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Photography by Lilly Shields

Kate O’Donnell is a transgender performer, activist and theatre maker. In 2016 she founded Trans Creative arts company with the tagline “telling our own stories”. In recent years it has grown into a vibrant hub for local, national and international trans artists to tell their stories and is now the largest trans arts festival in the UK. In 2017 Kate initiated Manchester's first trans arts festival Trans Vegas giving a platform to 300 trans voices.

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Born in Coventry in 1965, Kate moved to Manchester via Berlin in 1991. “A friend of mine lived in Manchester so I had a sofa to sleep on. The other option was London (where I had done my degree) but, having spent a year in Manchester in the mid 80's signing on, studying dance with Gestures at Shena Simon College and spending nights dancing at the PSV club in Hulme, I went for Manchester as I thought it would be cheaper and more fun. It's definitely been a lot of fun!”

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St Anne's Square - The city's emotional response to the 2017 Arena bombing

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Martin conquers Mount Kilimanjaro

Kate’s theatre work includes the award-winning 'Big Girl’s Blouse', acclaimed one woman show ‘You've Changed’, playing Feste in 'Twelfth Night' & Electra in 'Gypsy', both at the Royal Exchange. Kate has directed 'Transpose' at the Barbican two years running and regularly speaks on panels and made guest appearances on the Guilty Feminist podcast. In 2018 she was nominated for the Gay Times Arts and Culture Award.

Kate was a resident of India House on Whitworth Street in the early 1990s. “I had no idea what went on in India House before I moved in, but it couldn’t have been a better place for this budding drag queen to call home. I worked at The Green Room theatre/bar and, even though it was only a 5-minute walk from India House, I was often late as the rest of the time I was enjoying the delights of 90's Queer Manchester on my doorstep. I could literally get dragged up then totter off into the heart of the city - often on my own as I still didn't know many people in Manchester.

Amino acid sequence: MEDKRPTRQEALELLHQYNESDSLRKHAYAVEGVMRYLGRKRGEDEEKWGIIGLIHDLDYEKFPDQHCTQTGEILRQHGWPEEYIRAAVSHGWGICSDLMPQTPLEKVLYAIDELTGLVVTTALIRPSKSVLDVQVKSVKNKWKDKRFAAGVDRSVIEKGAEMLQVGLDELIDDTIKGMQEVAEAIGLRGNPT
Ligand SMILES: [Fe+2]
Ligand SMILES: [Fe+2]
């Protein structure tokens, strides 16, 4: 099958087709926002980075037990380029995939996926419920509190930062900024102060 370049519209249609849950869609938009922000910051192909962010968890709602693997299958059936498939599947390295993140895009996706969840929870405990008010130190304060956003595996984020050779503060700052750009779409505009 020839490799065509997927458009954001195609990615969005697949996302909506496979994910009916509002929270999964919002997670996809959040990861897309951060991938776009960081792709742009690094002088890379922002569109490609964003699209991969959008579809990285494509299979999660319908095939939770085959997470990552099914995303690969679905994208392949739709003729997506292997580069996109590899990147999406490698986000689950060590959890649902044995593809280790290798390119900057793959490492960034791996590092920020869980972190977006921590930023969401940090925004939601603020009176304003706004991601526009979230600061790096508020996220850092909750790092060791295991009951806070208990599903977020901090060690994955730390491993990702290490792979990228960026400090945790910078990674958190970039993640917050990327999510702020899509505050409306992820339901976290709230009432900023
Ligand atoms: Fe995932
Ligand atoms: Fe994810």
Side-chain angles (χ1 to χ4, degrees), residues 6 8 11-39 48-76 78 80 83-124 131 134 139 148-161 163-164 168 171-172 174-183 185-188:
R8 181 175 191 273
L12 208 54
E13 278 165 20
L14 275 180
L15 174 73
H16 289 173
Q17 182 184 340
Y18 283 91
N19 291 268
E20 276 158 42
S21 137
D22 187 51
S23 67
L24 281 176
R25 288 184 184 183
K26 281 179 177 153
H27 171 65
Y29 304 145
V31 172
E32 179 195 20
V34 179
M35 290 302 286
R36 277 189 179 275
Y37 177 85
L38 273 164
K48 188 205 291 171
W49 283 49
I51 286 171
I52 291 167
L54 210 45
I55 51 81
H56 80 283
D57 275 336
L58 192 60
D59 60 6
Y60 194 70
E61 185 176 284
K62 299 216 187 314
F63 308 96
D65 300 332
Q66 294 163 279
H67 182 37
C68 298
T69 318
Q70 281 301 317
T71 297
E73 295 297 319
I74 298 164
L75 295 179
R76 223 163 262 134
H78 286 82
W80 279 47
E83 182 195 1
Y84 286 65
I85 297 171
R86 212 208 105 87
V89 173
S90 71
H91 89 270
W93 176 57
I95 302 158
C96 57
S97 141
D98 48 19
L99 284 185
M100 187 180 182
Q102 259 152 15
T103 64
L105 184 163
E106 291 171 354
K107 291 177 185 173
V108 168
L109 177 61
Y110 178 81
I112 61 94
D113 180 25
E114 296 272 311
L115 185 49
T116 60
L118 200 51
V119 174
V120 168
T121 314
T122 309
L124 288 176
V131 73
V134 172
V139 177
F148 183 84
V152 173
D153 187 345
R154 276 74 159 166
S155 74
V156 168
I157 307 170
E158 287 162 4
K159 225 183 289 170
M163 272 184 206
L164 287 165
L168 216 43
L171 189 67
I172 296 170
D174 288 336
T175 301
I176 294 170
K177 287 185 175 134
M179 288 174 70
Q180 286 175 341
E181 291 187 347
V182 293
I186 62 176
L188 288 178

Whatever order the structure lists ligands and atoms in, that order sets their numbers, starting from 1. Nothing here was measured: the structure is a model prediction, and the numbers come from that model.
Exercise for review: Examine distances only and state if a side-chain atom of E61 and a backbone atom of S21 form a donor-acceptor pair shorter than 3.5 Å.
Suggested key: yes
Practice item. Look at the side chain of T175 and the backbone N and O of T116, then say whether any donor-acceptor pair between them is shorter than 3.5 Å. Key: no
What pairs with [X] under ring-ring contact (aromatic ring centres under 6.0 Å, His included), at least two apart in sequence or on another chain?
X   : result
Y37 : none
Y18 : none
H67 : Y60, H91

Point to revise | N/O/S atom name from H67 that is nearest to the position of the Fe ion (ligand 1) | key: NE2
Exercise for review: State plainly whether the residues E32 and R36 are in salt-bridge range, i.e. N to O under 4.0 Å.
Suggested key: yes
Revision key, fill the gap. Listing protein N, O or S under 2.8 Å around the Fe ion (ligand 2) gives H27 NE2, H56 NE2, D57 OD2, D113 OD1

“One night I did a pub crawl from the Village to the Hacienda; in drag, swigging pints in the pool halls of Whitworth Street and finally arriving at my first Flesh night. I felt like Flesh was my Manchester coming-out ball - I danced on the scaffolding above DJ Paulette down in the gay traitor, met Paul Cons and Lucy Scher and a whole host of queer creatives who became my Manchester family".

What I loved about India House is that I didn't have to edit myself - popping out of the lift in full drag was no big deal as half of the residents were queer anyway.

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“Manchester has been my home for over half my life now and in those 30 years it's always let me do what I want - in fact it's encouraged me to be who I am: a gay man, a drag queen then sober and trans. It has a cheek about it that I love.

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“You have to take your hat off to Manchester, its spirit fuelled me to form Trans Creative with its annual Trans arts festival - Trans Vegas - giving a platform to trans artists and still the only trans arts festival in the UK. If you don't ask, you don’t get. 30 years on, as predicted, Manchester has been the place where I have had the most fun and, as I enter my 60's, I know there is more fun to be had!”

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Kate outside India House

THE SHOOT: Old Trafford football stadium

Season ticket holder Martin, a fanatical Manchester United Fan considers Old Trafford his second home

Related links:

Student reflection: Katie Jones

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Meeting Martin for the first time and learning about his incredible journey was wonderful. I was so excited to be photographing him for the Greater Mancunians project.

We started the photoshoot outside the Old Trafford stadium, next to the 'United Trinity' statue, where we had to tackle the intense winter sunlight to get the best image. We placed Martin in the shade of the statue so we could still capture the stadium behind him, we used a reflector to bounce light into the shaded  areas of the shot, this helped us pull out a few great images. We then moved into the stadium grabbing the opportunity to position Martin in-front of the team dug outs next to the pitch. Martin was easy to work with and open to suggestions and poses and was clearly enjoying experience of being pitch side in his beloved Old Trafford. We completed the shoot up in the disabled seating area, where we took the opportunity to photograph Martin against the backdrop of the stadium.

Photographing Martin in such an icon location was a fantastic opportunity for me to test my photography skills and build my confidence and communication skills, which will certainly help me in future projects. Being apart of the Greater Mancunians was just amazing and I would love to be considered for future shoots.

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Katie Jones, Martin & Katie O'Neill

The shoot

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